Autumn is the time of harvest, and there is nothing more potent than apples as a sign of the move towards winter — especially in Europe. Tomatoes and pumpkins and squash are considered summer fruits which might overlap into autumn — but the apple harvest signifies that autumn is here and winter is approaching.
Thanks to my over zealous neighbors, I have had nigh on a hundred buckets of apples to deal with over the past few months.
First were these red — almost purple beauties. We have been unable to find what exact variety these are. We do know that they are classified as “Heirloom Portuguese” and that the trees they came from are over 50 years old.
Most of these we ate fresh — when fresh they are fairly sweet and crunchy — but they tend to soften quickly and when cooked pulp easily. We are looking to take a suitable branch to graft onto root-stock for next year as their color is amazing.
Mostly the apples I was gifted are called “Golden.” Mr P says these are the forerunners of the mass-produced Golden Delicious which can be found in supermarkets all over the world.
These are excellent eater and cookers both for desserts such as Apple Crumble, Apple Pie and Apple Charlotte as well as making Apple Jelly and herb jellies. A real treat with these is to simply saute them in butter and serve them with pork, black pig, or chicken as the French and Portuguese do. They also bake very well in the oven, just washed, cored and filled with sultanas and a little honey or brown sugar to taste.
I have been looking at the old family recipes for the puddings — there are many new modern twists on these desserts and puddings — but ones like grandma made still beat the lot of them.
We love this crunchy alternative to crumble — makes a very nice change pretty good for a recipe that is nearly a 100 years old.
There is a limit to how much apple you can eat — as much as you might love it. I have frozen batches of apple sauce, apple pie and crumble filling — enough to last us the year.
The last bastion of usage is to make apple and herb jellies. Apple is an excellent base fruit to combine with other fruits for jelly or jam as it is naturally high in pectin — the magic ingredient required to make jellies and jams set.
I love herb jellies — they can be added something special to meats, they can be used to glaze a meat or mixed into a marinade before cooking or served as the perfect condiment.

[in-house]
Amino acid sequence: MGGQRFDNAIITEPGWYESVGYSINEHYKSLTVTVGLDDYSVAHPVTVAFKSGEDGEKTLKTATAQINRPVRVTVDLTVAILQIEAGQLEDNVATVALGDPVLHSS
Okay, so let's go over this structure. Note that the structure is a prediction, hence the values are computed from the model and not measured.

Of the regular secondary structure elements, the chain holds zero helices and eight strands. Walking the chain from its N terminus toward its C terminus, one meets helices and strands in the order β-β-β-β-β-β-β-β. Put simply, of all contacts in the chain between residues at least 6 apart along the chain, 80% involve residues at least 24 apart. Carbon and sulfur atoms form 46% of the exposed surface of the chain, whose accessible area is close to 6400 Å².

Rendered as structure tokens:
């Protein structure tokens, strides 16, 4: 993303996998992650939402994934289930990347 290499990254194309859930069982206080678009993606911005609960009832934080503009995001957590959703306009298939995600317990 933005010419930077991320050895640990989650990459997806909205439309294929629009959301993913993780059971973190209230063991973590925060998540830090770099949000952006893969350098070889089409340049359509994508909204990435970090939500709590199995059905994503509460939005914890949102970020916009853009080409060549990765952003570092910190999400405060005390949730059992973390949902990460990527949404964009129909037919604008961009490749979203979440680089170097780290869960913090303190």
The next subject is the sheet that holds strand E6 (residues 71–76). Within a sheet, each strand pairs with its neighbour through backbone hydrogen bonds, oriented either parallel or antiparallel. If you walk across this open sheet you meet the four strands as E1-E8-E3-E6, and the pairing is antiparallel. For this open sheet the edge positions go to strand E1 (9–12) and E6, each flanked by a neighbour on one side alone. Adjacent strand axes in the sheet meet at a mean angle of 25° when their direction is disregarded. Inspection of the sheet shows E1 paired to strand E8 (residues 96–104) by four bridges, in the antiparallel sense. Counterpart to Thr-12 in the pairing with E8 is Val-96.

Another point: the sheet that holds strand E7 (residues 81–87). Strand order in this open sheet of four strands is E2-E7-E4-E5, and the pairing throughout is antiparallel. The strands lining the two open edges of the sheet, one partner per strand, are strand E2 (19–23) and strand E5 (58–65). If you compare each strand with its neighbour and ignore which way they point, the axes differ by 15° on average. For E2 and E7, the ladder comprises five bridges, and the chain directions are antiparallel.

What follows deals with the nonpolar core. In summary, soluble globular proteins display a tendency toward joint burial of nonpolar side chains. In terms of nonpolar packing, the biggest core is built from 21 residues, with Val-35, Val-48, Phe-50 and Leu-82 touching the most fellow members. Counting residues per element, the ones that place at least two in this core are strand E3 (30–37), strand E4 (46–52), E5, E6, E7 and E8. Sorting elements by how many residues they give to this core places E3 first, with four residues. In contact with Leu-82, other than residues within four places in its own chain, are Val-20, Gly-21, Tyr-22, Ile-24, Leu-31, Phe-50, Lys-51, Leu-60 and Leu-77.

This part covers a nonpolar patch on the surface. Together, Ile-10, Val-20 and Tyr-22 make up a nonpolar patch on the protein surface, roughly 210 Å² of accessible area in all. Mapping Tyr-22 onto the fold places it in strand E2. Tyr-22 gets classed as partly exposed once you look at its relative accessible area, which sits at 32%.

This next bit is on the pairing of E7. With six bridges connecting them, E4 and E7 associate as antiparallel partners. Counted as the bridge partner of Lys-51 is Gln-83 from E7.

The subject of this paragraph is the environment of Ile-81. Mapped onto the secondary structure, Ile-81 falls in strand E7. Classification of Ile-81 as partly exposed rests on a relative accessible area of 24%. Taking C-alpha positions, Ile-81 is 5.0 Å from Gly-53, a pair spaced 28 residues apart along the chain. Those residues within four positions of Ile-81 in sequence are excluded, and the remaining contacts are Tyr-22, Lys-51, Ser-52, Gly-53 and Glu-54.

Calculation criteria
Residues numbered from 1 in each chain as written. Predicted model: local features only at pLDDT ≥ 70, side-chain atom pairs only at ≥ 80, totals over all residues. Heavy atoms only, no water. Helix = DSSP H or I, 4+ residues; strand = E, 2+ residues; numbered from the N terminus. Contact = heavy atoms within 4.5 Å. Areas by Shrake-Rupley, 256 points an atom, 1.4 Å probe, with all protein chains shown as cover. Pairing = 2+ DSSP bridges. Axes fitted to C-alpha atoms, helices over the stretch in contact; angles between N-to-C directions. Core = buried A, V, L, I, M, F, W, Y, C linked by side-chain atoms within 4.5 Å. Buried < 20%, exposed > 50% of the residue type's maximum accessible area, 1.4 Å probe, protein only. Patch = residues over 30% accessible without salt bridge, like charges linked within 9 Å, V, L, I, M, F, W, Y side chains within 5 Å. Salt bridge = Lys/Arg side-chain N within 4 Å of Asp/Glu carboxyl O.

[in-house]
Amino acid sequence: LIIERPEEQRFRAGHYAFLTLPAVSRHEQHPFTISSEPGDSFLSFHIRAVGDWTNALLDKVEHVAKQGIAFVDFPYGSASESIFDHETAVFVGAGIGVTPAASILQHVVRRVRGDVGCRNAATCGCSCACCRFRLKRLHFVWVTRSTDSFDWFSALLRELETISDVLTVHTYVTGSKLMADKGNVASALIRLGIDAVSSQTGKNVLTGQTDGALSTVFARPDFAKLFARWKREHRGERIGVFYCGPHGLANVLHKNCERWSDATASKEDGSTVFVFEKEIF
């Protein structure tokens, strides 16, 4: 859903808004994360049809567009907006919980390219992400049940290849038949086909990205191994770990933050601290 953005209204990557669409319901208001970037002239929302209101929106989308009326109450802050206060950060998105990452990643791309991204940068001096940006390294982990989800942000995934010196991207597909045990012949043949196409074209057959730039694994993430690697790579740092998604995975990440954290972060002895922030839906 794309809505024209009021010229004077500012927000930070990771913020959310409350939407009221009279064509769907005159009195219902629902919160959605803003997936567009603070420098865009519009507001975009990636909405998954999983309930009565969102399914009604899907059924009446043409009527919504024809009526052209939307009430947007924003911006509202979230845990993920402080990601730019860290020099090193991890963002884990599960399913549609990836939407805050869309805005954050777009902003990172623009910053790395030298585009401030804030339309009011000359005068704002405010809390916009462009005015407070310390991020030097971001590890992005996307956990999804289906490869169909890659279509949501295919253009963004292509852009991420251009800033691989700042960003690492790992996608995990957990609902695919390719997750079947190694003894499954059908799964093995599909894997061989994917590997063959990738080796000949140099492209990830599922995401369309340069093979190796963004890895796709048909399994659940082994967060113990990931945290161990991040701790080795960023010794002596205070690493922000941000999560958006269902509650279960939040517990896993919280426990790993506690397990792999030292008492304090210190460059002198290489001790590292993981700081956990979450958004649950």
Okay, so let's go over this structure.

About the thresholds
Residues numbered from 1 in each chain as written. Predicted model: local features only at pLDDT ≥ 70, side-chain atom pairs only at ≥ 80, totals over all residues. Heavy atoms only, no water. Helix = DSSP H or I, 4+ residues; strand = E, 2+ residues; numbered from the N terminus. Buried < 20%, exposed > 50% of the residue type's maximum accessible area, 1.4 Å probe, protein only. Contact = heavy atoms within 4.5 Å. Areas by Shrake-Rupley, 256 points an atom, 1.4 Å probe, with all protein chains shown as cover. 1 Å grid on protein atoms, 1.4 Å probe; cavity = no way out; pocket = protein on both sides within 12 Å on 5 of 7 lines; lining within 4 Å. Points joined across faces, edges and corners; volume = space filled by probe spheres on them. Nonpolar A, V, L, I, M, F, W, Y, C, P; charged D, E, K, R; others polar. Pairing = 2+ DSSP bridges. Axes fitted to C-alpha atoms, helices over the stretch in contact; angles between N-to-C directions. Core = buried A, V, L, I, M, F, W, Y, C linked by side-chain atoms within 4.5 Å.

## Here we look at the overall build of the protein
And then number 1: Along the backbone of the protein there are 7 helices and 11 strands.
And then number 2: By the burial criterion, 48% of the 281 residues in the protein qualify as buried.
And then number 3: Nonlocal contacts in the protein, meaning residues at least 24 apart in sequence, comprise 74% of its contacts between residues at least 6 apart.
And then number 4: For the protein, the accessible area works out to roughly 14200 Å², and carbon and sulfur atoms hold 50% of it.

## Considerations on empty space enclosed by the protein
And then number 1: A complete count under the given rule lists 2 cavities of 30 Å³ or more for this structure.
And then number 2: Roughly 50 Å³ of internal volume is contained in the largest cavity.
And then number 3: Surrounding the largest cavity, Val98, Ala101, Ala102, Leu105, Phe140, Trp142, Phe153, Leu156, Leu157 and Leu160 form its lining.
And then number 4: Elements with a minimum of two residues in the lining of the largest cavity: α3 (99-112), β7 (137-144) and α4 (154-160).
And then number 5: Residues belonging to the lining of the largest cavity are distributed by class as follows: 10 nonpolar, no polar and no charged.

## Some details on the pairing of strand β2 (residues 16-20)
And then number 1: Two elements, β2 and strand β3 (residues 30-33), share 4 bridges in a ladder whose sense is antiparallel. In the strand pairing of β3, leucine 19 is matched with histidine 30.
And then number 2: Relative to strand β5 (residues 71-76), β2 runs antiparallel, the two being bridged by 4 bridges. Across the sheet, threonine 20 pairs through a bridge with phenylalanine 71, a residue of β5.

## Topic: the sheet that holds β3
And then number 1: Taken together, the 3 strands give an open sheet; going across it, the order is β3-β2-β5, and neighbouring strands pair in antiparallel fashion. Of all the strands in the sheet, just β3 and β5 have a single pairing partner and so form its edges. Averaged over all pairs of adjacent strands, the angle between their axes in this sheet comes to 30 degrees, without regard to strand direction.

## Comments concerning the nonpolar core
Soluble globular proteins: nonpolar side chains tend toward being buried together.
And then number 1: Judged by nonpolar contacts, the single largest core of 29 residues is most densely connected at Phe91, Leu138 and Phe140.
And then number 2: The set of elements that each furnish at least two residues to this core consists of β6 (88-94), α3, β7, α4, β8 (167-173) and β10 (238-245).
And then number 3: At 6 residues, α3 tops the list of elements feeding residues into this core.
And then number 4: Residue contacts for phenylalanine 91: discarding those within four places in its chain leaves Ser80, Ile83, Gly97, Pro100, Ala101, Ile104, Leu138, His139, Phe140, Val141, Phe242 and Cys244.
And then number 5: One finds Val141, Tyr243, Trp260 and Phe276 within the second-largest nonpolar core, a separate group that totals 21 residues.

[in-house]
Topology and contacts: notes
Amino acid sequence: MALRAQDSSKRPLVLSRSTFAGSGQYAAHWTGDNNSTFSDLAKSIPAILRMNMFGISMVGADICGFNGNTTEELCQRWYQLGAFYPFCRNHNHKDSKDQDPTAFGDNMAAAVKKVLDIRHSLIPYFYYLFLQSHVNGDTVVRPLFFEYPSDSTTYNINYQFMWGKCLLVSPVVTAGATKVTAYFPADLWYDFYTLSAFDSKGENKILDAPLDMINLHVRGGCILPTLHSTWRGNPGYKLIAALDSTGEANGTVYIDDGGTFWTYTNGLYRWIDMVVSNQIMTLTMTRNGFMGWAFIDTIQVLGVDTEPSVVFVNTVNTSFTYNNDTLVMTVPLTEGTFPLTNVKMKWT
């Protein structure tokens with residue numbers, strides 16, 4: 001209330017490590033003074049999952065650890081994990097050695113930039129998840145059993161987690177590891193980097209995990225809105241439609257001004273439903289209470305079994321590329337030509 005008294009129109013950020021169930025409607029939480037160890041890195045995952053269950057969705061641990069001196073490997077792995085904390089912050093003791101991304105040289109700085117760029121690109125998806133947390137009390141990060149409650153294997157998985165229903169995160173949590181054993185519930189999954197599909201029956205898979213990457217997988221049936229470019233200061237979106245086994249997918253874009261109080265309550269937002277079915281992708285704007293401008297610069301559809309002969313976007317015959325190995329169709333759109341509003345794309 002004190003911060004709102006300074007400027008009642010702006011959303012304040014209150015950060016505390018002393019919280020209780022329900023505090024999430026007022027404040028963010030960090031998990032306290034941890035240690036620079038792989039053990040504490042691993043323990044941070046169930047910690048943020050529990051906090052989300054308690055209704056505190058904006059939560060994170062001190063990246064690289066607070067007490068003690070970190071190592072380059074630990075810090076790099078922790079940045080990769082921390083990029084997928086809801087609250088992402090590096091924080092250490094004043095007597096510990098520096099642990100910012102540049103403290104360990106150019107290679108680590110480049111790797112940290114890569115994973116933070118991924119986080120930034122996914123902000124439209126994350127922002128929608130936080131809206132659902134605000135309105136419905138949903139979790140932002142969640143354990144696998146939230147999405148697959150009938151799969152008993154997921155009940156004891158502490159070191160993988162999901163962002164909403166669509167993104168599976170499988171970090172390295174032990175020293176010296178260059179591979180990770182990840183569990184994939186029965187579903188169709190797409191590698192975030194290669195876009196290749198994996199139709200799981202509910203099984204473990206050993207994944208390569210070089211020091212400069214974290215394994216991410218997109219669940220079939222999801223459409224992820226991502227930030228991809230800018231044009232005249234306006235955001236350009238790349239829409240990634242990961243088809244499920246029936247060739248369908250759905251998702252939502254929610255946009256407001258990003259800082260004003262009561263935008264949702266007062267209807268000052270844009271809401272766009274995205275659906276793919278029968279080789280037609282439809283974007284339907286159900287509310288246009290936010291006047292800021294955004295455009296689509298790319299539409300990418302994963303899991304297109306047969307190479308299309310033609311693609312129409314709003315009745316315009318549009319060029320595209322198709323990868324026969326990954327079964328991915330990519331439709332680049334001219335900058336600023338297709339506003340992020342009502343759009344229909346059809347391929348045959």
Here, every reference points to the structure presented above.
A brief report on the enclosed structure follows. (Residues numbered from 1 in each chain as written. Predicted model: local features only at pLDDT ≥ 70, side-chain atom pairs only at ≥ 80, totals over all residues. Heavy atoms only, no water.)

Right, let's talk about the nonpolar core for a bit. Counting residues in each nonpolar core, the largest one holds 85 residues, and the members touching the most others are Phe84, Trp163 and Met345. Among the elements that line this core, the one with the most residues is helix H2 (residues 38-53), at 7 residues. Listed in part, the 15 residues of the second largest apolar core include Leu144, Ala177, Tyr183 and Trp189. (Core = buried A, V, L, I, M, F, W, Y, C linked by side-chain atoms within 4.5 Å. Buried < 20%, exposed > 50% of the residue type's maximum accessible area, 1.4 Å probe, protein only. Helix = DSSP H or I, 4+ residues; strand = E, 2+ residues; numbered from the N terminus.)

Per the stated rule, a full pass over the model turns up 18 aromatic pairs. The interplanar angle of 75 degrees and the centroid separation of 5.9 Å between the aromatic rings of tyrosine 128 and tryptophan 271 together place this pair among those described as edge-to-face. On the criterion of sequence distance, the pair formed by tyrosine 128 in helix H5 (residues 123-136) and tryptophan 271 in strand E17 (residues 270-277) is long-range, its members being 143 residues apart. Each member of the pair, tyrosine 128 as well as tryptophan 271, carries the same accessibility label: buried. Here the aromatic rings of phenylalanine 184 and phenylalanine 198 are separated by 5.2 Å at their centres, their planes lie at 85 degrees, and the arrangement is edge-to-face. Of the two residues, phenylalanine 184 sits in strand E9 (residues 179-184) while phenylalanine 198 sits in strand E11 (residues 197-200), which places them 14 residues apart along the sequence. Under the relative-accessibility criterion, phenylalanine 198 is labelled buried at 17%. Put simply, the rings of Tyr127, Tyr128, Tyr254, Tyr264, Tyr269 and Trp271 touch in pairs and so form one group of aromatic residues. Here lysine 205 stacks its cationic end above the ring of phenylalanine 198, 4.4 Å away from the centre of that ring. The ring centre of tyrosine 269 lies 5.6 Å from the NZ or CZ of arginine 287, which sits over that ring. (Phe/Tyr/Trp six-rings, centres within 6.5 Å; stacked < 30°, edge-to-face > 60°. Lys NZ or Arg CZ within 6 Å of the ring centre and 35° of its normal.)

They do take some work and a lot of trial and error — especially when you are working without a sugar/jam thermometer. The fruit and herbs have to be boiled and then put through a very fine strainer — my mother’s was felt, some are muslin or stainless steel. Mine was an emergency buy — not sure what the material is however. It did the job, but like the sugar thermometer a proper strainer is on the wish list.
You leave the strainer overnight and then discard the pulp and just use the juice to make the jelly. I always add a little cider vinegar to the juice if I am cooking savory jellies . Next step is to add sugar. One liter of juice to 500 grams of sugar. Then comes the tricky bit — dissolving the sugar into the juice and then boiling until you reach setting point .
If you do not have a thermometer, you can use the plate test. Have a small cold plate beside you and place a small blob of the mixture on it and place in the fridge for a minute — if it forms a skin and starts to set, you are ready to remove it from the heat and to pour it into warm sterilized jars which should then be tightly sealed. If you find the mixture too runny you can always repeat the process again — as I had to with the first batch!
In the end, I made mint jelly for lamb, rosemary jelly for lamb and bay and thyme for general use. Tarragon is on the list for next year.
This was my last batch — or so I thought — yet another bucket of apples arrived the next day. After this year’s glut, I am seriously thinking that cider making might be another option especially if the apples are suitable — only one problem — I am not a cider drinker!